MONTREAL -- Philadelphia Flyers captain Chris Pronger will miss the rest of the regular season and playoffs because of severe post-concussion syndrome.
Philadelphia general manager Paul Holmgren made the announcement through a team spokesman early in the first period of the Flyers' 4-3 victory over Montreal on Thursday night.
"After consultation with respected concussion specialists Dr. Joseph Maroon and Dr. Micky Collins, it is the opinion of both doctors that Chris is suffering from severe post-concussion syndrome," Holmgren said. "It is the recommendation of doctors Maroon and Collins that Chris not return for the remainder of the 2011-12 season or playoffs. Chris will continue to receive treatment and therapy with the hope that he can get better.
The revelation that Pronger absolutely will not play in the 2011-12 season is almost a relief, in a sense.
In 2006-07, Flyers captain Peter Forsberg found himself in and out of the lineup with foot issues as he tried to recover from offseason surgery on his right ankle.
Forsberg’s inability to be in the lineup night-in and night-out had a detrimental effect on the young core of the Flyers, including Mike Richards and Jeff Carter.
The issue wasn’t necessarily that they were playing without their captain; it was that the unpredictable nature of Forsberg’s injuries made it impossible for the Flyers to establish a team identity.
They were not really Forsberg’s team, but they weren’t anyone else’s team, either.
After February, when Forsberg was traded to Nashville for Ryan Parent, Scottie Upshall and a first-round pick, the Flyers played much better hockey, because younger players could step into Forsberg’s role.
They may not have been as effective as a healthy Forsberg, but the situation was better than not knowing whether or not the captain would be in the mix on a nightly basis.
In 2011-12, the Flyers again find themselves with a young team and a captain who (through no fault of his own) cannot be depended upon to be on the ice each game.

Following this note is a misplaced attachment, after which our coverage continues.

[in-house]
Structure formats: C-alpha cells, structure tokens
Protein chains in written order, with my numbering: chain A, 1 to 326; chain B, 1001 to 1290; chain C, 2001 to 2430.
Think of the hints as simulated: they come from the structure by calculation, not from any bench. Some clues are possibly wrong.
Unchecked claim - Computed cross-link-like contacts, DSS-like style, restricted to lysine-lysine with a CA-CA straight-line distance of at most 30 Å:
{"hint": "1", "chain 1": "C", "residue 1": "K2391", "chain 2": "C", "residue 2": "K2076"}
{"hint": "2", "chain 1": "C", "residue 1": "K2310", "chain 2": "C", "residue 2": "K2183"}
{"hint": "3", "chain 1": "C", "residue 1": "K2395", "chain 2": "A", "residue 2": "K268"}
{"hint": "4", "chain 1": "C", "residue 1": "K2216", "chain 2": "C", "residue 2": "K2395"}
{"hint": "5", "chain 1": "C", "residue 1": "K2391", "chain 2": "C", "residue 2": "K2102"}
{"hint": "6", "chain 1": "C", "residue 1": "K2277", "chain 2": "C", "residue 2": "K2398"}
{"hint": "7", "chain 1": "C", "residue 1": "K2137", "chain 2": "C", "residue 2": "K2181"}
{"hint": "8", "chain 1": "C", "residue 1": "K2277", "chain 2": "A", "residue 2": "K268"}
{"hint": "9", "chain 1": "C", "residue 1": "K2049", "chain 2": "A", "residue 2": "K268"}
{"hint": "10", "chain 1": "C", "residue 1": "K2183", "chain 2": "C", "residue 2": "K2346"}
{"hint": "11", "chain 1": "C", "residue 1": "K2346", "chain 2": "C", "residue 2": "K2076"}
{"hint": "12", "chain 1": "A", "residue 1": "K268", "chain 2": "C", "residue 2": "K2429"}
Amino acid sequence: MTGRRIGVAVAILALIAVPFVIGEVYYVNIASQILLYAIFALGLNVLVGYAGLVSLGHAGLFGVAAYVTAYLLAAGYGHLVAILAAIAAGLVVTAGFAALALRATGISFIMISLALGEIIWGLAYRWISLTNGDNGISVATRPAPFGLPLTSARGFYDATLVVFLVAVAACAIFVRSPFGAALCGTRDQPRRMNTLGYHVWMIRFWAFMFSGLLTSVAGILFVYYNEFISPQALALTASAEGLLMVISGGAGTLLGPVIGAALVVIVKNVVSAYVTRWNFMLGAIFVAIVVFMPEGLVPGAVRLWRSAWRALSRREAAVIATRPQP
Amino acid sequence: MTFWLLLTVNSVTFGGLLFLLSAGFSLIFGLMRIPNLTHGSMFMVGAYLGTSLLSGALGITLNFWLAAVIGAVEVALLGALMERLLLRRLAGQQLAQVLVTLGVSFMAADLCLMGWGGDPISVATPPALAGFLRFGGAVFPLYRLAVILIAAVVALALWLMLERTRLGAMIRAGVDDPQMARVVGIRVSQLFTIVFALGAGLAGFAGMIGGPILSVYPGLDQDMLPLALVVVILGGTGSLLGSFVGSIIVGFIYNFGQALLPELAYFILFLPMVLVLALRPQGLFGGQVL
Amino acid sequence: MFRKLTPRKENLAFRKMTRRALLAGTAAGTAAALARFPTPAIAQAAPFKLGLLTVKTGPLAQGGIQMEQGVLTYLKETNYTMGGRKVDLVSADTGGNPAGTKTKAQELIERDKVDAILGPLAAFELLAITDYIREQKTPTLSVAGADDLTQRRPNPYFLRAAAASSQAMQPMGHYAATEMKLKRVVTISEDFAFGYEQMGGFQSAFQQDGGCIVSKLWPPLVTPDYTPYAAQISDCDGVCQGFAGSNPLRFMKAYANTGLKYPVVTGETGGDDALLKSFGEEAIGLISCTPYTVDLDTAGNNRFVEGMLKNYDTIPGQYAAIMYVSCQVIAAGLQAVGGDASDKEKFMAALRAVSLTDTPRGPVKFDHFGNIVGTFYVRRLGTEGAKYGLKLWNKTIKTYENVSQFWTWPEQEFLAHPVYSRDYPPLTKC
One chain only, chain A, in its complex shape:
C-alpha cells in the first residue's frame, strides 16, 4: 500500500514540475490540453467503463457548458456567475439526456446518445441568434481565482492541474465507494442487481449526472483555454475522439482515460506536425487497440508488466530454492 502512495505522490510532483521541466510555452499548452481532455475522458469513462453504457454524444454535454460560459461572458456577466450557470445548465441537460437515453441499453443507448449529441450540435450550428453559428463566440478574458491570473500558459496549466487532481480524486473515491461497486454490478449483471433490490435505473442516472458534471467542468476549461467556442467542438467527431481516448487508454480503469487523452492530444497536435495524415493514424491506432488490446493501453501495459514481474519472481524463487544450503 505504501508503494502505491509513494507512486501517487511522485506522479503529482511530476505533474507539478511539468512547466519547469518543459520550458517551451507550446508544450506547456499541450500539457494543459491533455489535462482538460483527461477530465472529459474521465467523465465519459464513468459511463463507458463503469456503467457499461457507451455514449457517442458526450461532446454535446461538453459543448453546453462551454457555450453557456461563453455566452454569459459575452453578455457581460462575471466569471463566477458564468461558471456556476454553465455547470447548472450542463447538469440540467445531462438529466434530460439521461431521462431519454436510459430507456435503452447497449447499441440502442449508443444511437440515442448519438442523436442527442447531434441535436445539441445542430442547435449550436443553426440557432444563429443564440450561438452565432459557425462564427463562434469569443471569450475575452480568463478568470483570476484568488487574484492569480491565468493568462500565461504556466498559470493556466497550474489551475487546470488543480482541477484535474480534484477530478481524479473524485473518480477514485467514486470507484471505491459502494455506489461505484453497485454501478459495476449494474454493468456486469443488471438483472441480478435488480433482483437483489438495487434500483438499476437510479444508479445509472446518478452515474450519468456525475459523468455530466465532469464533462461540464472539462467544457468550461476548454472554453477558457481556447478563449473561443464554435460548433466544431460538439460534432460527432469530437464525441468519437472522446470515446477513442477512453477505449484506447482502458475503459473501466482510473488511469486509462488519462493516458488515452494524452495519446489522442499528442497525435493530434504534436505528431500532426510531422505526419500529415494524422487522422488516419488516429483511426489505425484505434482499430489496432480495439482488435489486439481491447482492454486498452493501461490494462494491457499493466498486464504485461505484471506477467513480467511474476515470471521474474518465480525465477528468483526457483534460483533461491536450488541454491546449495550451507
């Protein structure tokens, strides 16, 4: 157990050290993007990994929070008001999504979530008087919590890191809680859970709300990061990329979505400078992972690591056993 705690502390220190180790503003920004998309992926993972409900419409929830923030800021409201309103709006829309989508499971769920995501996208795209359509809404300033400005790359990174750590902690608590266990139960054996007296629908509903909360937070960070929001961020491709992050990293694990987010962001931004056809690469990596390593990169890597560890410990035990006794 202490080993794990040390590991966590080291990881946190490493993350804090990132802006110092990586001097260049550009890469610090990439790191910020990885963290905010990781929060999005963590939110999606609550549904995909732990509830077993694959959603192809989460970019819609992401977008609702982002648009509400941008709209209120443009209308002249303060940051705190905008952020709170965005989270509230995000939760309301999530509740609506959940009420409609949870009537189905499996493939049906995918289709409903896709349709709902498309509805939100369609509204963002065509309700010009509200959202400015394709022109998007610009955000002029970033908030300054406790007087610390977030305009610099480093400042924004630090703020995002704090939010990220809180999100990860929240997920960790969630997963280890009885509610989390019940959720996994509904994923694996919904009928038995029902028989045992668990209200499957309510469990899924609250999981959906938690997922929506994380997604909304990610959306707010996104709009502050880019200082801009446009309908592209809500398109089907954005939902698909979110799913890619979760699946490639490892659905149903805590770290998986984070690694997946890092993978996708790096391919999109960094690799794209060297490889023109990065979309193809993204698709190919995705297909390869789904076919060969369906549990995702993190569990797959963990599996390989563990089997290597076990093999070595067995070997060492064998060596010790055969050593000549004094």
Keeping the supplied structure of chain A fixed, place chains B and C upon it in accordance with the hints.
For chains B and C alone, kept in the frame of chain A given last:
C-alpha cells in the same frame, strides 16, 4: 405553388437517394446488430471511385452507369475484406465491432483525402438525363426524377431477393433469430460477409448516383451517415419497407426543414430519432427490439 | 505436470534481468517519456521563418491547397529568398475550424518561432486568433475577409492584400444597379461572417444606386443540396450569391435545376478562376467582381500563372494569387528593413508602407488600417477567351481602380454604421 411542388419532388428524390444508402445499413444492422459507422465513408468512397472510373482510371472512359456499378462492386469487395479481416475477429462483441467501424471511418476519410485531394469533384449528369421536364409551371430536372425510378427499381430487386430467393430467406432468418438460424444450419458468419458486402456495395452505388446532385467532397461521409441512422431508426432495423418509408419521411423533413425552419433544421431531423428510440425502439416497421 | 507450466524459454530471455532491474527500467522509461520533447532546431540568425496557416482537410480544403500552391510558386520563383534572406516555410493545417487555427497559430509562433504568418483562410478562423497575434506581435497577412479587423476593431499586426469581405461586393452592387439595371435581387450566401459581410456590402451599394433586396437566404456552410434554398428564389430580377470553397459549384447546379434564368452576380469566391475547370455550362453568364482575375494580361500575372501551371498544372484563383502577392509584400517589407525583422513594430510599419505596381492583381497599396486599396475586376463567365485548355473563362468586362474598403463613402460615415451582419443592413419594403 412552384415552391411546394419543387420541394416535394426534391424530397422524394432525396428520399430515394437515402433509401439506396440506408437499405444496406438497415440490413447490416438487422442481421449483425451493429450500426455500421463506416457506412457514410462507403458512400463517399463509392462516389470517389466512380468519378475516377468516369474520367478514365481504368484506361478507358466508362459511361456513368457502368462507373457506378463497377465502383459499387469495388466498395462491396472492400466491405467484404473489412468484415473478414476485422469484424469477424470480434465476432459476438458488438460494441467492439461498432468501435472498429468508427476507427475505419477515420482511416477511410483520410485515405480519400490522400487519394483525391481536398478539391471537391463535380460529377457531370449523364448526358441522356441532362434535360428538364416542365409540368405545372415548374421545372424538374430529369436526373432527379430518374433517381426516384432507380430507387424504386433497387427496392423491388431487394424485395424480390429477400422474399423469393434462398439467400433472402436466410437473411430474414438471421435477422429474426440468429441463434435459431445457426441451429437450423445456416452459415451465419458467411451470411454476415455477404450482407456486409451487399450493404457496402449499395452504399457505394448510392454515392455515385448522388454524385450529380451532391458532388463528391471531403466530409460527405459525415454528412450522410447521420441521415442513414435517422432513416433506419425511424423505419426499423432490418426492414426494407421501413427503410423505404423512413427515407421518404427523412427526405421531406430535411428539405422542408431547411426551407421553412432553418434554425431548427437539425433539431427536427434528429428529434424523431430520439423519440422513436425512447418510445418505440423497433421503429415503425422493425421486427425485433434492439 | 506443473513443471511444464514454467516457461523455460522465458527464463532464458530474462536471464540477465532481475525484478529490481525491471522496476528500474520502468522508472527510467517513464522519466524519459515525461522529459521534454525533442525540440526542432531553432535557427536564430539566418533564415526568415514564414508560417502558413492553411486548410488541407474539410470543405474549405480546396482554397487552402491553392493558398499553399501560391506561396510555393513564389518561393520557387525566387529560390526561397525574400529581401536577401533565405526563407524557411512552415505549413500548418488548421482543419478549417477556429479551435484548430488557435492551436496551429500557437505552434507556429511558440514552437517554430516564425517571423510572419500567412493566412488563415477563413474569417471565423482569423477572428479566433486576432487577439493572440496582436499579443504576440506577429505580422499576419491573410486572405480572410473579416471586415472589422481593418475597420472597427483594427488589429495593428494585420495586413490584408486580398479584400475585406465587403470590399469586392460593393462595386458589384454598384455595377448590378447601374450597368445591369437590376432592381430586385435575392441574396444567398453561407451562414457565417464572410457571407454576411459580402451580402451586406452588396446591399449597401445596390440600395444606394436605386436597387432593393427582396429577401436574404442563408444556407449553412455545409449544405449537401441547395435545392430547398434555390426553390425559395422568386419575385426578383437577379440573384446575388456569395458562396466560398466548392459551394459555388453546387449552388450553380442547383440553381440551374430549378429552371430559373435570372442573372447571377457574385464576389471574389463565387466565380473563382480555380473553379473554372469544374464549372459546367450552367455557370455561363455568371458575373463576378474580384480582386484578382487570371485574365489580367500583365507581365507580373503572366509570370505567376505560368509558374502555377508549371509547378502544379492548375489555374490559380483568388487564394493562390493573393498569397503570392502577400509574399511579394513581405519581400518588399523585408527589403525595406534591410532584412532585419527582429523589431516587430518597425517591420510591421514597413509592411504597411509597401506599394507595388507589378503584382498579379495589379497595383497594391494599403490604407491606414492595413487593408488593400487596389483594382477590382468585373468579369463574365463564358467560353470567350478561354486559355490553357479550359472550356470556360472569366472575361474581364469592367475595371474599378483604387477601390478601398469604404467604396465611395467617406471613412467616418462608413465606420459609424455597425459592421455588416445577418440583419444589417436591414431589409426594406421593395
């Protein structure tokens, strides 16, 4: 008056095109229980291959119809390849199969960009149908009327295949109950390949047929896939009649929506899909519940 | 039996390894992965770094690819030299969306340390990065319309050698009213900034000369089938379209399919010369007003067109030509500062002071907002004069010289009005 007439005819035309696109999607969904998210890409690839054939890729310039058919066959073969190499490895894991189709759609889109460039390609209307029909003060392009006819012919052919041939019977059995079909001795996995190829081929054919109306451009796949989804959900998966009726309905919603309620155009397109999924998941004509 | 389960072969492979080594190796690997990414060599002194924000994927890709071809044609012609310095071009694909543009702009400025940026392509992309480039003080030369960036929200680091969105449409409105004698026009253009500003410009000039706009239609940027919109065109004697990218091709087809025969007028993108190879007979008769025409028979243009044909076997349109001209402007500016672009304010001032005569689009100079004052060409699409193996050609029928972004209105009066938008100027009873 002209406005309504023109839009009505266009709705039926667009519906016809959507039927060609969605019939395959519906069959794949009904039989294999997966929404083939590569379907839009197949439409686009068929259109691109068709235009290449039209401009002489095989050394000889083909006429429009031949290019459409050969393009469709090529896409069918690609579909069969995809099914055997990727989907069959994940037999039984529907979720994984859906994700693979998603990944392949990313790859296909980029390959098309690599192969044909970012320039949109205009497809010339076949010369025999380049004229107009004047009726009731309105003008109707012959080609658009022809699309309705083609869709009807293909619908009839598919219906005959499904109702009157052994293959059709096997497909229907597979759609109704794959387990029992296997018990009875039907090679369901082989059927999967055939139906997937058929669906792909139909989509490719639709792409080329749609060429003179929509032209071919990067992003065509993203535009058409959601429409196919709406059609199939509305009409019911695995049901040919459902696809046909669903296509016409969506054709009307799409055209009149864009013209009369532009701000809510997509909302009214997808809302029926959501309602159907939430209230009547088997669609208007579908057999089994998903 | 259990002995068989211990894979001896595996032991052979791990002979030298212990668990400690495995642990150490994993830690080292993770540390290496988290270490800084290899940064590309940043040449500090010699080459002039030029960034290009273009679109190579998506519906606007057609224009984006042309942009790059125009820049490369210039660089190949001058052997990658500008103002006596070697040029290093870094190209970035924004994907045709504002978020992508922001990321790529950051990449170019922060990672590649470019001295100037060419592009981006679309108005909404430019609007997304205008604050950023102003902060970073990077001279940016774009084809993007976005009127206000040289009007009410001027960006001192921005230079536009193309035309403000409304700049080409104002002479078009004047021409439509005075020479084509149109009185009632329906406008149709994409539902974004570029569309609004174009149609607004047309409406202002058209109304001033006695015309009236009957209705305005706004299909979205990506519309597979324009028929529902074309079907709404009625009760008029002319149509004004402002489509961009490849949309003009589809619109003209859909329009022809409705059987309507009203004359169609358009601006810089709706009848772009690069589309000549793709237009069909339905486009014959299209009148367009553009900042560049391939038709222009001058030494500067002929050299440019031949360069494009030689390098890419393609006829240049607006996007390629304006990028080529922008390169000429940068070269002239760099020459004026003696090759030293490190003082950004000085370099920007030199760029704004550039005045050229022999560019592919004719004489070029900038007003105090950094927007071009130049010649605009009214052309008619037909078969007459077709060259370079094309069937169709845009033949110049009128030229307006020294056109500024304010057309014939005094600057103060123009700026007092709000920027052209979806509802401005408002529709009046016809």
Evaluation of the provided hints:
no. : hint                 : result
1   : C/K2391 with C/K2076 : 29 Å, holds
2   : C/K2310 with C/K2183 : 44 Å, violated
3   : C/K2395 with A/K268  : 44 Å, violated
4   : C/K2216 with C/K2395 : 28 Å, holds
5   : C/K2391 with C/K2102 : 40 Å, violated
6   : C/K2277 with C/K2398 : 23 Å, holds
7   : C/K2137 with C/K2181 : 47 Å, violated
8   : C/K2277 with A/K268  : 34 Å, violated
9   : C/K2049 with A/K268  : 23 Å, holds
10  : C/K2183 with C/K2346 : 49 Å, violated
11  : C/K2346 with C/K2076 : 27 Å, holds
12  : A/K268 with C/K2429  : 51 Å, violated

For these impressionable teams, not knowing their captains’ fates can cause the team to rely too heavily on the assumption that the season is on hold until that player returns.
Once a team knows for sure that they are without their captain, they lower their heads and power through the season.
Regardless of how the Flyers deal with Pronger’s absence, Thursday’s announcement was relieving if only because it rid the team of the distraction that was his health.
The team is still winning without Pronger, sitting atop the Eastern Conference. The team is still scoring goals, and the defense doesn’t look half-bad for a team that has seen three players on the depth chart succumb to injuries.
The goal is still a Stanley Cup, and it is now Paul Holmgren’s job to decipher how this can be achieved.
On a team as character-driven as these Flyers, the leadership will take care of itself. Young players will continue to develop, veterans will continue to set the tone on the ice, and Peter Laviolette will continue to demand more and more from his players.
Pronger status has not left the defense weak. It has not left the team unmotivated. It has not swayed the team from its goals.
It has merely left the team with a question on defense, and an opportunity to adjust the roster to put together a true powerhouse in the Eastern Conference.
We will not see Pronger on the ice again this season. But as long as we continue to see his influence, the Flyers will prevail.